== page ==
“You can get plenty of nutrients in just 1-2 cups of raw kale,” Giles says. “There's not really a limit. However, it's best to get a variety of veggies throughout the day.” If you're on blood thinners or anticoagulant medication, you can still enjoy kale, but do it in a consistent manner.

What is the best way to absorb nutrients from kale? ›

Based on these results, it's clear that eating veggies with fat has benefits. For example, to absorb the most nutrients from kale, a rich source of both vitamin K and provitamin A, consider dressing your leaves with extra virgin olive oil or tahini dressing. You can also add avocado or a handful of seeds to your salad.

Is kale healthier for you than spinach? ›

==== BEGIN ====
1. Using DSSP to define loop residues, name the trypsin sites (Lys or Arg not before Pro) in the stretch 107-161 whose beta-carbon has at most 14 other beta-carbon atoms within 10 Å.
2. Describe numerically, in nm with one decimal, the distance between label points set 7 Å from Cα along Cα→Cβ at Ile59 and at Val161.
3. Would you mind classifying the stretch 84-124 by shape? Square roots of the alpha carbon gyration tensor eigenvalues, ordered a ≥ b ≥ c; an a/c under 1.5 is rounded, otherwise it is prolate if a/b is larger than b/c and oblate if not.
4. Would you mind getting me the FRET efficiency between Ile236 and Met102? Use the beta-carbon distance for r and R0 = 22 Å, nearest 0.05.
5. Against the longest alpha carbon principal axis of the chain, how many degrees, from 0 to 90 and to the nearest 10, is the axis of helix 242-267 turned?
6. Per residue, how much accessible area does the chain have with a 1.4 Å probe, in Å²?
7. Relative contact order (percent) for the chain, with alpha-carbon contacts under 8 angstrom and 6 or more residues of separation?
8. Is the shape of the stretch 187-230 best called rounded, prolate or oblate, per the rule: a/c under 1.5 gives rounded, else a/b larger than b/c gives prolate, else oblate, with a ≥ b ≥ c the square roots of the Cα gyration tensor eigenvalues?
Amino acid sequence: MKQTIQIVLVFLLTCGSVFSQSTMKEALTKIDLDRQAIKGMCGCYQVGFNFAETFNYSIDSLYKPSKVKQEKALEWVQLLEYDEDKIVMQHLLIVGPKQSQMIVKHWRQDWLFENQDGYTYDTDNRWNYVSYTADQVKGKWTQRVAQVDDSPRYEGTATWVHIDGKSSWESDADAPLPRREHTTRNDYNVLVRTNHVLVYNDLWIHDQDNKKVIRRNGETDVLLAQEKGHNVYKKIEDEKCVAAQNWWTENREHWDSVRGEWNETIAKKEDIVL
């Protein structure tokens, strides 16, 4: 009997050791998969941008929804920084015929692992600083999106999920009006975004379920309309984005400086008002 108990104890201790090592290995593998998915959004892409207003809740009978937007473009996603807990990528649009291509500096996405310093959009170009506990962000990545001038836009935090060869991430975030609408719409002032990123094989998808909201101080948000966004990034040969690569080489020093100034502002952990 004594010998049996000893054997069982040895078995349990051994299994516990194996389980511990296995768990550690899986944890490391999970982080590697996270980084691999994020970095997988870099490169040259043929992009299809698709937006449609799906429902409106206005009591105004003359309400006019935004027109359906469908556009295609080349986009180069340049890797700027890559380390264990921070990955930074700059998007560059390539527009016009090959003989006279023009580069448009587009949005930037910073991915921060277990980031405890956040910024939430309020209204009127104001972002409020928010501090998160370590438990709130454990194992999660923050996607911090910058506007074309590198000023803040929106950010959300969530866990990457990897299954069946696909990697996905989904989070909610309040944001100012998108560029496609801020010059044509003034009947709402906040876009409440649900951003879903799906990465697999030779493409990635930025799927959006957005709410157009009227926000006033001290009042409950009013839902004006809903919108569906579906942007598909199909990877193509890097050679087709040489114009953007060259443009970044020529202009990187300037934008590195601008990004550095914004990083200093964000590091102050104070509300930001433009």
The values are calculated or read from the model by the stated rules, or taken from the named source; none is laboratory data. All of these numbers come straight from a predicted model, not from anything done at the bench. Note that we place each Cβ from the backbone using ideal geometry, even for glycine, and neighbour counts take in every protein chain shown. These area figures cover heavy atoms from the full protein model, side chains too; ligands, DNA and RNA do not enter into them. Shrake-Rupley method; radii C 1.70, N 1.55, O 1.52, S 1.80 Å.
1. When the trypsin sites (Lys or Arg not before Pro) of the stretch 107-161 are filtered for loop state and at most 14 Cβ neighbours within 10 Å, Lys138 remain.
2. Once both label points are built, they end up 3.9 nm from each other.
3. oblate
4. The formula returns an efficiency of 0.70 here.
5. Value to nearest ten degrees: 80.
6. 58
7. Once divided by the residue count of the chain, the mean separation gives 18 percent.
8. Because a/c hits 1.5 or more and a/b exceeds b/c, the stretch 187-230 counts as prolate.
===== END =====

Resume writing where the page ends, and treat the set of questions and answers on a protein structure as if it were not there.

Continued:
Both spinach and kale have plenty of nutrients to offer, but they do differ slightly. Kale, for example, has more calcium, vitamin C, and vitamin K than spinach, while spinach has more vitamin A, vitamin E, iron, potassium, zinc, folate, and magnesium.

What is the dark side of kale? ›

Kale and other greens (such as swiss chard, arugula, spinach, etc) are also loaded with oxalates, a compound that can promote kidney stones and severe pain in the body organs and tissues.

Why is kale bad for your stomach? ›

Let's start with digestive issues. Kale is loaded with soluble fiber that can cause nausea and insoluble fiber that can cause diarrhea. It also belongs to a complex sugar family — called the raffinose family of oligosaccharides (RFOs) — that can cause bloating.

Who should avoid eating kale? ›